Chapter 4 Social Structure And Interaction In Everyday Life

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Chapter 5, Society, Social Structure
and Interaction
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Social Structure: The Macrolevel Perspective
Components of Social Structure
Societies, Technology and Sociocultural
Change
Stability and Change in Societies
Social Interaction: The Microlevel Perspective
Future Changes in Society, Social Structure
and Interaction
Social Structure
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Patterns of social relationships in a society
make up its social structure.
Social structure shapes the overall patterns in
which social interaction occurs.
Provides an ordered framework for society and
for interactions with others.
Components of Social Structure
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Status
Roles
Groups
Social Institutions
Status
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Distinguished by how they are acquired:
–
–
Ascribed - status conferred at birth
Achieved - status assumed by choice, merit or
effort.
Roles
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The dynamic aspect of a status.
Most people have a number of statuses
(employee, parent) resulting in role conflict.
Leaving a Role
Stages:
1. Doubt - frustrated by existing role.
2. Search for alternatives - separation, leave of
absence.
3. The turning point - take an action.
4. Create a new identity.
Groups
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Primary
Family, close friends, school or work-related
peer groups
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Secondary
Schools, churches, corporations
Five Basic Social Institutions
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Family
Religion
Education
Economy
Government or politics
Perspectives on Social Institutions
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Functionalist theory - social institutions
perform essential tasks.
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Conflict theory - social institutions are
organized to meet basic social needs but do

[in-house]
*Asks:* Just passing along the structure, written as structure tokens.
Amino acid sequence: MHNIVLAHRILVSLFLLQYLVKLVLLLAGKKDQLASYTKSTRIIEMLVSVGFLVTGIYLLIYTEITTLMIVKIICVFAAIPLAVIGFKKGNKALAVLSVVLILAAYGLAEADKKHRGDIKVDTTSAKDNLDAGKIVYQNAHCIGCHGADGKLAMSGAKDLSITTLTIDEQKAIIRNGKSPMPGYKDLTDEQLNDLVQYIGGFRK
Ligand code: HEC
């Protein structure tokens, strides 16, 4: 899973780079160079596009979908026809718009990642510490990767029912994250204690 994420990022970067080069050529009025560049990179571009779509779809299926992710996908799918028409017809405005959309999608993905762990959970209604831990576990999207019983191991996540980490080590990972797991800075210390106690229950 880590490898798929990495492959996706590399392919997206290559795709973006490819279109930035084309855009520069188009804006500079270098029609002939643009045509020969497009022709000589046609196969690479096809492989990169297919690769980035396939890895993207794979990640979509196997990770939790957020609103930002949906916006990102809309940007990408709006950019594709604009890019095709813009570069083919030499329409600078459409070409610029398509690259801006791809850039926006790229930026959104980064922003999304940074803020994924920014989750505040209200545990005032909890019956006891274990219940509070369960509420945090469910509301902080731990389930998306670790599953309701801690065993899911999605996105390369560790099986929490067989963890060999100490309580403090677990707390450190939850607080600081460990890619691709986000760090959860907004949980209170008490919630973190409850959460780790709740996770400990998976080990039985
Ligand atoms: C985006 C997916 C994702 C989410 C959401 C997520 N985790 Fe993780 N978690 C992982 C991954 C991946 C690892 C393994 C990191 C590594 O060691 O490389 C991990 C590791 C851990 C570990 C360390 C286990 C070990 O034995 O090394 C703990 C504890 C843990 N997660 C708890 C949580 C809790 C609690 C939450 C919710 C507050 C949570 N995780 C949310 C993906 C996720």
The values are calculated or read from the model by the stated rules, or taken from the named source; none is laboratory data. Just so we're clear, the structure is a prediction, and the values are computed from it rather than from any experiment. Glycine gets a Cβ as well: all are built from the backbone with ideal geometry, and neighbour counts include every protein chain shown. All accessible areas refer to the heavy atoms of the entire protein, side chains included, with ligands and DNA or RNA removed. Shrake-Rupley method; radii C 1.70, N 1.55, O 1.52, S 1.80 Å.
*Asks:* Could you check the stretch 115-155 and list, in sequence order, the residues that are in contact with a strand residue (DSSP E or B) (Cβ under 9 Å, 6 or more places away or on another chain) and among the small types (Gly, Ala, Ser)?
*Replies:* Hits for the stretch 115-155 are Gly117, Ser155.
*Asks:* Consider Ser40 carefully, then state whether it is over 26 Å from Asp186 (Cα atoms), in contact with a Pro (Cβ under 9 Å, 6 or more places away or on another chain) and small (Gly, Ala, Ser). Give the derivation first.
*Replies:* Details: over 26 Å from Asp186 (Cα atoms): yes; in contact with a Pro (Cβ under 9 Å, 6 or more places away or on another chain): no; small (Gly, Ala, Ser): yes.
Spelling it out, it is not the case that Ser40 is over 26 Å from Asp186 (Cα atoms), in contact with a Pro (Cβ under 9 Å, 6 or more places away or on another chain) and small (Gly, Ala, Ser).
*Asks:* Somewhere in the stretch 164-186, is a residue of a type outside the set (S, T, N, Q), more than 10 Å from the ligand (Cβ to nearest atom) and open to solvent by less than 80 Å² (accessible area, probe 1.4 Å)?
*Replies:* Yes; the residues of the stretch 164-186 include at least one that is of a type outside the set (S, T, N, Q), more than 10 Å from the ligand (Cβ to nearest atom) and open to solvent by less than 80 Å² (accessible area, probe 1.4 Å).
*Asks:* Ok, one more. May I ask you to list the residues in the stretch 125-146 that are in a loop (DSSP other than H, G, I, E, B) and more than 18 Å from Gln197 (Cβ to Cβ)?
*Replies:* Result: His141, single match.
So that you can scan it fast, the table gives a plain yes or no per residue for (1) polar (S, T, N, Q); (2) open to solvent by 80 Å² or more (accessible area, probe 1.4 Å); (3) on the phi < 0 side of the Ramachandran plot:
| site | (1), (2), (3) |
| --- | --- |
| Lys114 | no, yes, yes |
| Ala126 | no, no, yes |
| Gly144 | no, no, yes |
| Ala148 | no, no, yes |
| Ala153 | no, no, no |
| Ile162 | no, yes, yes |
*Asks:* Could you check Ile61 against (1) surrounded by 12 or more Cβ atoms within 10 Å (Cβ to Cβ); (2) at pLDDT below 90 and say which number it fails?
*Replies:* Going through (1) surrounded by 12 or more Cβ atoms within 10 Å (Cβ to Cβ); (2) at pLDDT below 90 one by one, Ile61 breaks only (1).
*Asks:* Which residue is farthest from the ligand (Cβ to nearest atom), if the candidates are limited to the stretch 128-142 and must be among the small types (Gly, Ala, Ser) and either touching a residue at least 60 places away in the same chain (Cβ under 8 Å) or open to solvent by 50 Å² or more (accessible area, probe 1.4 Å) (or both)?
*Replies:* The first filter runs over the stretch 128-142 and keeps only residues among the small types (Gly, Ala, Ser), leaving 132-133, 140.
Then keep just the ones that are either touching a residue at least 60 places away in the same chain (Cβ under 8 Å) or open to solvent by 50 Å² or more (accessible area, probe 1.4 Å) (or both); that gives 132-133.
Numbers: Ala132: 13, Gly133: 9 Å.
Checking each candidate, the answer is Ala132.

not work for the good of everyone in society.
Functionalists: Five Tasks of
Social Institutions
1.
2.
3.
4.
5.
Replacing members.
Teaching new members.
Producing, distributing, and consuming goods
and services.
Preserving order.
Providing and maintaining a sense of
purpose.
Types of Societies
1.
2.
3.
4.
5.
Hunting and gathering
Horticultural and pastoral
Agrarian
Industrial
Postindustrial
Durkheim's Typology of Social
Solidarity
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Social solidarity is based on social structure
which is based on a society's division of labor.
Mechanical Solidarity - people are united by
traditions and shared values.
Organic Solidarity - people are united by
mutual dependence on one another.
Tönnies: Gemeinschaft and
Gesellschaft
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Concerned with what happens to social
solidarity when a “loss of community” occurs.
Gemeinschaft - social relationships are based
on bonds of friendship and kinship.
Gesellschaft - social bonds are based on
impersonal relationships with little consensus
on values.
Goffman’s Dramaturgical Analysis
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Daily interactions are similar to dramatic
productions.
Members of our “audience” judge our
performance and are aware that we may reveal
our true character.
Most of us attempt to control the impressions
we give to others.
Nonverbal Communication
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Facial expressions
Head movements
Eye contact
Body positions
Touching
Personal space
Functions of Nonverbal
Communication
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Supplements verbal communication.
Regulates social interaction - body posture and
eye contact signals whether we wish to talk
with someone.
Establishes the relationship among people in
terms of their power over one another.
Personal Space -Distance Zones
1.
2.
3.
4.
Intimate (contact to 18 inches) - reserved for
spouse, loves, and close friends.
Personal (18 inches to 4 feet) -reserved for
friends and acquaintances.
Social (4 to 12 feet) - impersonal and formal
relationships.
Public (beyond 12 feet) - makes
interpersonal communication impossible.
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